The secret to move from up from white belt is to show up at class consistently. The next thing you will want to know is how do I obtain my black belt? Of course for that you need a plan, a good teacher and commitment to a goal. Each dojo is different and has different colors for their belts. As you advance to the (generally) higher and darker colored belts, the plan is what we can help with the most on Let’s Talk Karate.

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Let’s go over that plan

My friend has come for a few weeks as a new karate student and is really enjoying his white belt experience. It has been good for him to get out and take out some frustrations that are best not left in the house. As a white belt, all the training he is receiving is fundamental knowledge. It has been good for me to see again what it means to be a brand new student of karate. Our sensei has a plan for all students, the number of expected weeks between belts, the skills, weapons and kata required. Besides regularly attending classes, the element that got our family to move up from white belt was a plan. Do you have a plan for the coming year on your next steps for your training plan? Now is time to think about next year.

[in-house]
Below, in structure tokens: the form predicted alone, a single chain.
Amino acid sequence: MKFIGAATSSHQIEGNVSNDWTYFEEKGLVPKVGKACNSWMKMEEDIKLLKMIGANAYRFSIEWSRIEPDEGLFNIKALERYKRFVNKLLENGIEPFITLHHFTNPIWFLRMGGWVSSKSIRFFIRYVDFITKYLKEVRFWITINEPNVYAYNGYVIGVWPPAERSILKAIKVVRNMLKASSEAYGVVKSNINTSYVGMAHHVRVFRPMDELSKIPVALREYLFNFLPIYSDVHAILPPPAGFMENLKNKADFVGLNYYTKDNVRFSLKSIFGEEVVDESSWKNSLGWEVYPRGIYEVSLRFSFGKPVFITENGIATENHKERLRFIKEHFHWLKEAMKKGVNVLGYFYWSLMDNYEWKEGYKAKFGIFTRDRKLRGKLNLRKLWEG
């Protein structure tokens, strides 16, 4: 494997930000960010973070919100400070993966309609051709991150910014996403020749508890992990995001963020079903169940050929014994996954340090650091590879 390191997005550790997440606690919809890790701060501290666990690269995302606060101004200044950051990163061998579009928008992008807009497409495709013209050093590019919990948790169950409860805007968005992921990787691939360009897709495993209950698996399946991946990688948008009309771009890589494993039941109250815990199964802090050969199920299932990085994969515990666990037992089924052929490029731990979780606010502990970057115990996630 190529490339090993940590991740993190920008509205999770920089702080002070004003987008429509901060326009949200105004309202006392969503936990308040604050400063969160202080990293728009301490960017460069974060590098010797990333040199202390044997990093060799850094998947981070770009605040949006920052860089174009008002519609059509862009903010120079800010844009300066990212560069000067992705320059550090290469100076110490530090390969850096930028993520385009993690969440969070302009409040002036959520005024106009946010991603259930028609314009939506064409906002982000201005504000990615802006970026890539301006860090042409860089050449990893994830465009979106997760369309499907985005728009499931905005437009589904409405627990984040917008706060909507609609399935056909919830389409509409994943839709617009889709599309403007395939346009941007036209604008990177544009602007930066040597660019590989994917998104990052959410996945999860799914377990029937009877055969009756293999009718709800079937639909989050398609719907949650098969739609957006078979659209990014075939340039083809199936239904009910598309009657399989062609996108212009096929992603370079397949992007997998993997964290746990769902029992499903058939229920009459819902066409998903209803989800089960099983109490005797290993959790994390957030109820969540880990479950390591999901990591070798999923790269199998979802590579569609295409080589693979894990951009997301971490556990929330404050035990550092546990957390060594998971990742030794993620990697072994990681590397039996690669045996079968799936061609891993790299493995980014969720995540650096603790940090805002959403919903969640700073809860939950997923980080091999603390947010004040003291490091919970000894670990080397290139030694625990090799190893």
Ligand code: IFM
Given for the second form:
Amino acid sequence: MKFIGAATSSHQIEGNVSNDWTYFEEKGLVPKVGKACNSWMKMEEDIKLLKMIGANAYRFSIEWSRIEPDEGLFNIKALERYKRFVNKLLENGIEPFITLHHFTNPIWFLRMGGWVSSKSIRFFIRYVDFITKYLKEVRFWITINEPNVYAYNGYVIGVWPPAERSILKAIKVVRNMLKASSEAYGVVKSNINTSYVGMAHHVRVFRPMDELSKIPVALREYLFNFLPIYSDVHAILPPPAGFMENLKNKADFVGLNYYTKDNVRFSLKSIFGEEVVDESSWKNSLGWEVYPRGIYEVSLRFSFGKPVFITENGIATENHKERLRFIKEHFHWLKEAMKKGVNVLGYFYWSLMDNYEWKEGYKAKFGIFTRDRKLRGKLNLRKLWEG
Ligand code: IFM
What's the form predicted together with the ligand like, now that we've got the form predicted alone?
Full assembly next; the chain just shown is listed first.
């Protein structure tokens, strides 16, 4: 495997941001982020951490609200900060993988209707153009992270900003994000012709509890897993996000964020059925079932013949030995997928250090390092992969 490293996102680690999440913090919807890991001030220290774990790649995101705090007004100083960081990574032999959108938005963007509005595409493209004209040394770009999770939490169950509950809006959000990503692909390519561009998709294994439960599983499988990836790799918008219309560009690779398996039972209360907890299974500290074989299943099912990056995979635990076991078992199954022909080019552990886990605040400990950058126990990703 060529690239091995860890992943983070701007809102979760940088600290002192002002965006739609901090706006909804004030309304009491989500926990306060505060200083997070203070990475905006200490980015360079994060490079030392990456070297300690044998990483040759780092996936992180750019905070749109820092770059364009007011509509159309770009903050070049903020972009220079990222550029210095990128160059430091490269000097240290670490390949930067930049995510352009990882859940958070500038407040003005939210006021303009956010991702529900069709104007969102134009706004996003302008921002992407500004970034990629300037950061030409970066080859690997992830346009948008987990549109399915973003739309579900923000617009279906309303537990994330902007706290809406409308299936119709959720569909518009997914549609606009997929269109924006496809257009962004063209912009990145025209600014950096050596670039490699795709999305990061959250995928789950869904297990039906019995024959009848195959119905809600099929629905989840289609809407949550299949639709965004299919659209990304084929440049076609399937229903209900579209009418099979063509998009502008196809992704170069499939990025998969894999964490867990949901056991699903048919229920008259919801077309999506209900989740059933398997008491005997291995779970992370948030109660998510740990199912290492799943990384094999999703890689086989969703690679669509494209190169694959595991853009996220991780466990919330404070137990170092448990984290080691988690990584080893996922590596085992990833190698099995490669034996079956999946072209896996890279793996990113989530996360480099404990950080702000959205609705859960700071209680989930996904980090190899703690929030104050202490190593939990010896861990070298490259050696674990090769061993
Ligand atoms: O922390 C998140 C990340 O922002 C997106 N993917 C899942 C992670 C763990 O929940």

One of your first actions should be the development of a training plan. A well-developed plan will encourage you to keep showing up and suiting up to progress. It will also clarify the goals you have for the training program.  Here are the five common mistakes to avoid in developing your karate plan of action for next year:

  1. Not honestly reviewing your current year performance. Improvement begins with an accurate evaluation of your baseline performance. Ask yourself these questions